Another new West Coast outpost that achieves genius results by thinking outside the bun, LA’s great cheese-on-wheels purveyor offers several list-worthy grilled sandwiches, but none is more awe-inspiring than this. Sharp cheddar mac-and-cheese, strands of sweet BBQ pork and caramelized onions are all stuffed into two perfectly buttered-and-fried slices of white bread. Yes, it sounds like the horrifying 3 a.m. creation of a stoned college student. Yes, it actually works. 
Grilled Cheese Truck)

6. Pibil Torta — Xoco, Chicago

XOCO Pibil

Upgrading Mexican street food has suddenly become a hot task of haute chefs around the nation, although the results often have us pining for the real thing. Not so at Rick Bayless’ Chicago sandwich shop, where tortas baked in the wood-burning oven take Mexican to levels we didn’t know existed. In this sandwich, silky strands of roasted suckling pig are served on crusty bread spread with black beans and achiote paste, then finished with a layer of pickled onions and habanero salsa. The Pibil may be one extra ingredient away from being a Top Chef disaster story, but as is, it’s perfection on bread.

Next: The top 5

Daddy, Where Does Sausage Come From?


Sausage. We all love it, laugh at it, and sometimes shudder at it…but when it comes down to it, we’re always left with the same question — just WTF is it anyway? The old joke goes that sausage is the parts of the animal swept off the factory floor after everything else is made, but the truth is it’s much more complicated than that. Fortunately, Kim from Good Bite is here with a guest blog to demystify the whole sausage-making process — for home cooks.

The ingredients

The first and most important ingredient is the meat. Whether making poultry, pork, or lamb sausages, fat is key in the success of the final product. Ample fat content (about 15 to 30 percent) is responsible for creating a smooth consistency and complex of flavor. For red meats, choose higher fat cuts like Boston butt or shoulder, and if opting for chicken or turkey, choose the darker cuts like the thigh.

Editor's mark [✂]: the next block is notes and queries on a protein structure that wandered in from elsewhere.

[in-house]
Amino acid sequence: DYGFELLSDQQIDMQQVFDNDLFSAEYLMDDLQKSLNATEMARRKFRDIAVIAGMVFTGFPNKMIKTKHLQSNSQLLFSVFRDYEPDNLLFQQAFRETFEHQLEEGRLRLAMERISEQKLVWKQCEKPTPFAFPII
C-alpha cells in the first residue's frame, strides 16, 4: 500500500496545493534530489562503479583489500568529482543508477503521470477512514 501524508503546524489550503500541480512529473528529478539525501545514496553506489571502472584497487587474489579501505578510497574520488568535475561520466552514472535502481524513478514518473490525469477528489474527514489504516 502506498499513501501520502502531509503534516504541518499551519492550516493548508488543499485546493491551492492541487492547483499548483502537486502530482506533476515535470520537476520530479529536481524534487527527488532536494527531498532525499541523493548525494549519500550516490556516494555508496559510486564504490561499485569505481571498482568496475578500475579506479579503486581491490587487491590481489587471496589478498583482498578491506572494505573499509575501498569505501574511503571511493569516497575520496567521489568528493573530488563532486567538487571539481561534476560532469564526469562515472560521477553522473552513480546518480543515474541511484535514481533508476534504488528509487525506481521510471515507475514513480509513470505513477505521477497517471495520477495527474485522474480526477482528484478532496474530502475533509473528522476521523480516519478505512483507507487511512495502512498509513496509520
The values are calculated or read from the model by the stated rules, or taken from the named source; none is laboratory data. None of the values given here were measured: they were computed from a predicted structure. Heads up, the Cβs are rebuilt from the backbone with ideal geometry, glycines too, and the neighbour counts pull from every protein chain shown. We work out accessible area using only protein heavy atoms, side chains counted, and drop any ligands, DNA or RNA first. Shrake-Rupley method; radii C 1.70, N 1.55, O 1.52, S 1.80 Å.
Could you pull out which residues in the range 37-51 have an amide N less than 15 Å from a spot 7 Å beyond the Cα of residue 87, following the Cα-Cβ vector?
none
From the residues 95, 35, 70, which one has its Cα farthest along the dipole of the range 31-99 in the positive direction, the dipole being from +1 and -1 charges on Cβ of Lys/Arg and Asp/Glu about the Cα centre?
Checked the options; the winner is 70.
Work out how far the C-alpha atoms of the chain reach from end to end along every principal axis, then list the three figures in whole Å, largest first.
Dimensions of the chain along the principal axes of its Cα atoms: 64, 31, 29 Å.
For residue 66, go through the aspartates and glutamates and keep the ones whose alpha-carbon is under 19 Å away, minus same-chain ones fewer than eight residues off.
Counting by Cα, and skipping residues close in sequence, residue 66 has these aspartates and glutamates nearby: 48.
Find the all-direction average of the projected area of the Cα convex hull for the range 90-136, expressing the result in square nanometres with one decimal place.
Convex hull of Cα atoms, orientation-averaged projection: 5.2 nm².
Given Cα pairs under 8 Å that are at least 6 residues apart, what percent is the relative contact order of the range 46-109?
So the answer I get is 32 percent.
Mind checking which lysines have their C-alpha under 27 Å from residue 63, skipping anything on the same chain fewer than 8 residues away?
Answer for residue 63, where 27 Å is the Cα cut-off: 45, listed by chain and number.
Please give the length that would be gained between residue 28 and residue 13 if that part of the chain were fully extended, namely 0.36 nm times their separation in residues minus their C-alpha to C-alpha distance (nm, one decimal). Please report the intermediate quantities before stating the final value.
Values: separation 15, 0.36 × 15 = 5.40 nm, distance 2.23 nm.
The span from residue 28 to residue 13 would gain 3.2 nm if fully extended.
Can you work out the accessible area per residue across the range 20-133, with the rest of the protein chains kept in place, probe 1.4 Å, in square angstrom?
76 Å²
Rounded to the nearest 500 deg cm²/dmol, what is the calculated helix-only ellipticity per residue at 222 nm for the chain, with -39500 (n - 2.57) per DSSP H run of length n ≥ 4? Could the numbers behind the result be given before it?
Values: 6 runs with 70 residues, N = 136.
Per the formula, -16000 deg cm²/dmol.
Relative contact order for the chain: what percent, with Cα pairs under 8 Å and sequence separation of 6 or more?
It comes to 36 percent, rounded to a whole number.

The meat will need to be ground, so you have a few options here. Ask the butcher to grind the meat at the counter (which should be no problem at all), or take the meat home and grind it in a food processor. No grinding machines necessary.

Seasonings will make up the rest of the flavor profile, so decide what type of sausage you are aiming for and go from there. Common spices include any mixture of peppercorn, fennel, anise, cloves, garlic, thyme, cayenne, sugar, and allspice. It may be necessary to add a drizzle or two of olive oil, depending on the fat content of the chosen meat, as well as a trickle of water to keep the moisture locked in.

The process

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There Will Be Blood (Sausage)


How do you get your wife to buy the main ingredient for dinner without letting her know exactly what it is?

Keep referring to it as “boudin noir.”

OK…I wasn’t exactly conducting a top-secret operation when I asked her to stop by Salumeria Biellese in Manhattan to pick up some blood sausages.  She’s usually pretty agreeable about trying new and exotic items, particularly when they get the TVFF seal of approval.

Still, I wasn’t sure how well this would go over, so I stuck with the more vague French name and hoped that she wouldn’t bother looking over any ingredient list on the package.  The jig was up when she and a co-worker took a photo of the sausages on her phone to show me and they noticed that the second or third item was “pig’s blood,” but I think that actually earned her some cred in the office for being adventurous.

And so it was time to bring these sanguine sausages home for an authentic French bistro-style preparation, courtesy of a recipe from Anthony Bourdain’s cookbook…